The largest movement this year in the film and video sector has to be in cameras. There are more than ever to choose from, with a strong push into 4K products. HD-video-enabled digital still photography cameras continue to attract users and that movement shows no sign of dropping off. One common design trait in both types of products is the incorporation of large-format, single-sensor chips instead of the traditional 2/3” 3-CCD video camera design. This is a significant change that is driving software development in post and enabling the production of content for 4K delivery systems, including consumer TV sets.
Acquisition and the Push for Higher Resolution
Sony rounded out 2012 with a roar, introducing the PMW-F5 and PMW-F55 cameras. The F5 is positioned as the bigger brother to the F3, with the F55 the smaller sibling to the F65. These use a Super 35mm-equivalent CMOS sensor, with the F5 capable of up to 2K output and the F55 of 4K. (There’s a lot of disagreement among camera manufacturers about what “4K” really means. The term is generally a number based on horizontal pixel width and not actual resolution, but for ease I’ll stick with the 4K shorthand. It means the sensor or the frame size of the video is 4096 or 3840 pixels wide.) The F5 and F55 add more codec (XAVC) and storage options (AXS memory card), which, of course, will make life more confusing for post houses.
Sony’s offerings seem in direct response to the Canon’s Cinema EOS C100, C300 and C500. The C300 in particular has become quite popular, but it’s now time for the 4K-capable C500 to hit the streets. These cameras share a common sensor design, but the C500 will output 4K camera raw images to an external recorder like a Codex S, Convergent Design Gemini 4:4:4 or AJA Ki Pro Quad. The C300 and C500 come in PL or EF lens mount configurations.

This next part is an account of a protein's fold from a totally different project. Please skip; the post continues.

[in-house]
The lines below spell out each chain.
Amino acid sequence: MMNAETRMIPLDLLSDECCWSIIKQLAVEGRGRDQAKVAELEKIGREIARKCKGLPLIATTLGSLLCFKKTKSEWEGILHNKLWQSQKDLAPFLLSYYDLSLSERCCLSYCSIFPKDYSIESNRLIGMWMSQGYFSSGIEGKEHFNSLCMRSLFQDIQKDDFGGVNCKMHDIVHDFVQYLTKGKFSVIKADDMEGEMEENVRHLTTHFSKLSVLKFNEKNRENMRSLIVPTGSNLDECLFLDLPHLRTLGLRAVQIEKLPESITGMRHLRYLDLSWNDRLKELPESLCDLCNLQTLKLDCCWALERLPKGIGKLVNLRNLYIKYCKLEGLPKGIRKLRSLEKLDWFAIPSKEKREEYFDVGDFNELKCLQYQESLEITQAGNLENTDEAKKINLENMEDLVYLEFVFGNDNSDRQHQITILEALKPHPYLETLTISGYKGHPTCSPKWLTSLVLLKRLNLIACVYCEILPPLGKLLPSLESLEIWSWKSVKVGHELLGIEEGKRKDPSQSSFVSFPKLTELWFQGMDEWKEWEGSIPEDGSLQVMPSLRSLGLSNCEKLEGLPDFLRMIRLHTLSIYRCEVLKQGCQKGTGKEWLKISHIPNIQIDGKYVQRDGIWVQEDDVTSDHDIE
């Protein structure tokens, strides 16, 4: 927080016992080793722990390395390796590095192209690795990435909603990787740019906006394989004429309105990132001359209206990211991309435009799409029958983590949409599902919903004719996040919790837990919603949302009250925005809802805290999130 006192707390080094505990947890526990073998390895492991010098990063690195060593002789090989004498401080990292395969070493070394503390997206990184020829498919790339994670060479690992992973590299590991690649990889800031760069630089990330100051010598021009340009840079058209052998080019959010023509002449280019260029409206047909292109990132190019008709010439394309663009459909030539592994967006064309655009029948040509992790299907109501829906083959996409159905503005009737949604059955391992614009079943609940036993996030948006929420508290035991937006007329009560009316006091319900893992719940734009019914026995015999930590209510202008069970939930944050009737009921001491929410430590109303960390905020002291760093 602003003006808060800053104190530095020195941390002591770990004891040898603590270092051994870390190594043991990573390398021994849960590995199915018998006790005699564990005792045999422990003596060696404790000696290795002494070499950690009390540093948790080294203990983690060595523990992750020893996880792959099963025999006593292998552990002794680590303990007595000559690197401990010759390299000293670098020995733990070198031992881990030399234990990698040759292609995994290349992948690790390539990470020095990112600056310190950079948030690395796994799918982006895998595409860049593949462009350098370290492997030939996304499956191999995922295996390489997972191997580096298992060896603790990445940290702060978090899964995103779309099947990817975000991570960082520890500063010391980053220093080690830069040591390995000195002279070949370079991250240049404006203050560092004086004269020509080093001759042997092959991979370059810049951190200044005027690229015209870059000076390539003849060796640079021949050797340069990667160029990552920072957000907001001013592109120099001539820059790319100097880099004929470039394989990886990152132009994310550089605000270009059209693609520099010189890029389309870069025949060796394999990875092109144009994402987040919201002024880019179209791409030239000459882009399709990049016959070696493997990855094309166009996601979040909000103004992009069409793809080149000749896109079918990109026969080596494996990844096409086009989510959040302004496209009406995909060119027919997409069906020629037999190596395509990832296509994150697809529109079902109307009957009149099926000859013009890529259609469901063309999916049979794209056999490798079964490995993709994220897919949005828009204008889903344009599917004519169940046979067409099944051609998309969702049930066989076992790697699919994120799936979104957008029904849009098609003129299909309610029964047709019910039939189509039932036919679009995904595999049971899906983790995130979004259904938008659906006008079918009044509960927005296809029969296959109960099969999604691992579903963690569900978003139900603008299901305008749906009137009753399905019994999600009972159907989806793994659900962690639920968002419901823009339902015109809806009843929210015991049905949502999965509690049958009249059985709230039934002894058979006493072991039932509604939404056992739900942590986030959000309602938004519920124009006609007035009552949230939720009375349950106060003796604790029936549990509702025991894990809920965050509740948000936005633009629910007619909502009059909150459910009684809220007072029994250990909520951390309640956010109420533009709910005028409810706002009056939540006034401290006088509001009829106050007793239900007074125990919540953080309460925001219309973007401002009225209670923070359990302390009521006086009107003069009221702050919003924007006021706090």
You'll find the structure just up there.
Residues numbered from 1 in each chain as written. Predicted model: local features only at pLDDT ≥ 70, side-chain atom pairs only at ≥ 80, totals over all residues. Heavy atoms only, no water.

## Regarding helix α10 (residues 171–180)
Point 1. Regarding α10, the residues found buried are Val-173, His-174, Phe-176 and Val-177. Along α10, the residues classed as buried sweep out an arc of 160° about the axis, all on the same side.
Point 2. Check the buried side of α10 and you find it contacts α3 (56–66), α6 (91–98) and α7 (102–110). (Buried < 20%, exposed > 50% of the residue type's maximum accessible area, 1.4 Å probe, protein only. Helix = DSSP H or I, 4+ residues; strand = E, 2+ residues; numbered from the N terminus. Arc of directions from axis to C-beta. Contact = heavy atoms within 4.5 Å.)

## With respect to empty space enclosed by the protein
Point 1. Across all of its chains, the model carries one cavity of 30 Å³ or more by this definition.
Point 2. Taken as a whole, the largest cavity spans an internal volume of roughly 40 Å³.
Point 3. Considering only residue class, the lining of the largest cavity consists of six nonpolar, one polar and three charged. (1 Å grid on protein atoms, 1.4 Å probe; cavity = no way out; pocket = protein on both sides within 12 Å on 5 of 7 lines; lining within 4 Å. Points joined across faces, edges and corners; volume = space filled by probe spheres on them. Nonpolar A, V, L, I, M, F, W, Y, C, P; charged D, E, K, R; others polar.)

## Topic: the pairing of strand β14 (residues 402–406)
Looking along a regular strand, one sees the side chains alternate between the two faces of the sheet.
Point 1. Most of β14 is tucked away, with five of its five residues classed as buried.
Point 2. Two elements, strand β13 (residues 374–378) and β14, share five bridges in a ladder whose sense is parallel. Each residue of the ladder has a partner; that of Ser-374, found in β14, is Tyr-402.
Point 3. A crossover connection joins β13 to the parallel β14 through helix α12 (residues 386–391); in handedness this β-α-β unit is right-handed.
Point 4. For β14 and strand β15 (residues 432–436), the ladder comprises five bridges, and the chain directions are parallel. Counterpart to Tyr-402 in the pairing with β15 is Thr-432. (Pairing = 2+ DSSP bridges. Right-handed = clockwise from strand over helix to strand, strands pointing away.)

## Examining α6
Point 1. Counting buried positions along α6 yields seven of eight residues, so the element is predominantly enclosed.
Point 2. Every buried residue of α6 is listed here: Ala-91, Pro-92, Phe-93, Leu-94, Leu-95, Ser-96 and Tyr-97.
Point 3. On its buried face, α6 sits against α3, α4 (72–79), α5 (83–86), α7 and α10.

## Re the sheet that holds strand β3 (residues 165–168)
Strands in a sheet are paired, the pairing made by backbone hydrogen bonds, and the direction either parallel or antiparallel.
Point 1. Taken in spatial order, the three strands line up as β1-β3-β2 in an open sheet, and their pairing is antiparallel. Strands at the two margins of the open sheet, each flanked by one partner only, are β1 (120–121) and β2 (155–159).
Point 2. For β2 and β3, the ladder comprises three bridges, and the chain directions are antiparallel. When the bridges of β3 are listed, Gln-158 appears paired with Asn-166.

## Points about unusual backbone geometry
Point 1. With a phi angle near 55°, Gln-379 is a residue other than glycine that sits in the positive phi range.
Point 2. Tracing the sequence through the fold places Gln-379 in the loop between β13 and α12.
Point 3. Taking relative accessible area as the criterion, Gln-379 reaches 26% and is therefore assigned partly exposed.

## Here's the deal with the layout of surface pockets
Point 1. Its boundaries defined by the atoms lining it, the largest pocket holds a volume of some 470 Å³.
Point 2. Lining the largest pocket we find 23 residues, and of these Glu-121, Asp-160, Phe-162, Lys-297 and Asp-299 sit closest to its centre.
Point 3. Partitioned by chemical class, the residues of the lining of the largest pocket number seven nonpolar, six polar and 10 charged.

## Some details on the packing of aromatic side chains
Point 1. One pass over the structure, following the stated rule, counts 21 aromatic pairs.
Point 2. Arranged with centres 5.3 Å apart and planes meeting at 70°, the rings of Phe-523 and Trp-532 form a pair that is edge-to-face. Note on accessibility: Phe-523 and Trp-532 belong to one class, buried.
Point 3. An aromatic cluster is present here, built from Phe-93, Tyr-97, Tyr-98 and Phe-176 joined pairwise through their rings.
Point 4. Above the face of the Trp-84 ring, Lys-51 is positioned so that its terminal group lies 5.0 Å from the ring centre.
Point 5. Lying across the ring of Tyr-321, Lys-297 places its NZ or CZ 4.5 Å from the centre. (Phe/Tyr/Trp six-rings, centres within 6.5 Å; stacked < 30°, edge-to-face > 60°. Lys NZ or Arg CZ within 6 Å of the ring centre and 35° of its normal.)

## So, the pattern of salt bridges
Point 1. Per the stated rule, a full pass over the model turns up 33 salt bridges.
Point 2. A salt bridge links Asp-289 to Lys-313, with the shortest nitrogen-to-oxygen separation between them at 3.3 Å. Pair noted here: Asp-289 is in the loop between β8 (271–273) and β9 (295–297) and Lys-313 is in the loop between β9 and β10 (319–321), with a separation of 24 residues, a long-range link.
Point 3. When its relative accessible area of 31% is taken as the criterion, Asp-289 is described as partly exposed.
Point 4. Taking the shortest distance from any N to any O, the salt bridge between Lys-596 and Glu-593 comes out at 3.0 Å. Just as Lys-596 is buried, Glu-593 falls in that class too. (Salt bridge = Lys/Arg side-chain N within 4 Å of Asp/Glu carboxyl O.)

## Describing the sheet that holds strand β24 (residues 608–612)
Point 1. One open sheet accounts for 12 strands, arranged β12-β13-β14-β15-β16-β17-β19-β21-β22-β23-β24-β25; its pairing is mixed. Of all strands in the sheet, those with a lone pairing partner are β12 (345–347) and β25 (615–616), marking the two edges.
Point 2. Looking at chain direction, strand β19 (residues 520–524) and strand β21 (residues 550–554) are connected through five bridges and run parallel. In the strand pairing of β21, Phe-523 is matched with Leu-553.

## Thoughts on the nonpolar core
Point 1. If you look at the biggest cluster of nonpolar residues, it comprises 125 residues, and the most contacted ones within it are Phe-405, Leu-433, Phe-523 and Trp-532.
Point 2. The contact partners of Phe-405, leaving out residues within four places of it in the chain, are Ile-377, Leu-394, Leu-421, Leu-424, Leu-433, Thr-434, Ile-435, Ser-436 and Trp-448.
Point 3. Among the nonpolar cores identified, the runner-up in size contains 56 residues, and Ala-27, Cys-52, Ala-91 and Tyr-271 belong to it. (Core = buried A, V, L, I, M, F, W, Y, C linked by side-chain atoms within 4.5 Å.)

Aaton Delta Penelope
A common feature in these new cameras is camera raw recording. The different versions of raw don’t adhere to a single, common standard, so the term “raw” simply means that the image has not been fully converted to RGB. Some methods require more intensive post processing than others. Many are proprietary formats.
Blackmagic Design took a different approach with the new Blackmagic Cinema Camera. It records QuickTime files as well as camera raw image sequence files in the open Cinema DNG format (originally developed by Adobe). Bucking the 4K trend, the BMCC uses a 2.5K sensor, with the design goal of delivering an optimized, downsampled HD image. Cinema DNG recording has also been incorporated into Ikonoskop’s A-Cam dll, the Digital Bolex and Aaton’s Delta Penelope.
During this past year the ARRI Alexa has been the dominant digital cinema camera in Hollywood episodic TV production, and it’s made a mark on such feature films as Hugo, The Avengers and Skyfall. With all the 4K talk, Alexa owners are wondering where this camera goes next. ARRI is currently in beta testing of a software update that will likely enable 2K ProRes recording via a firmware update. True 4K would require a new sensor, but the current camera raw capture (2880 pixels wide) that Alexa is capable of seems to hold up quite nicely in 4K and even IMAX projection at theaters.
RED Epic Monochrome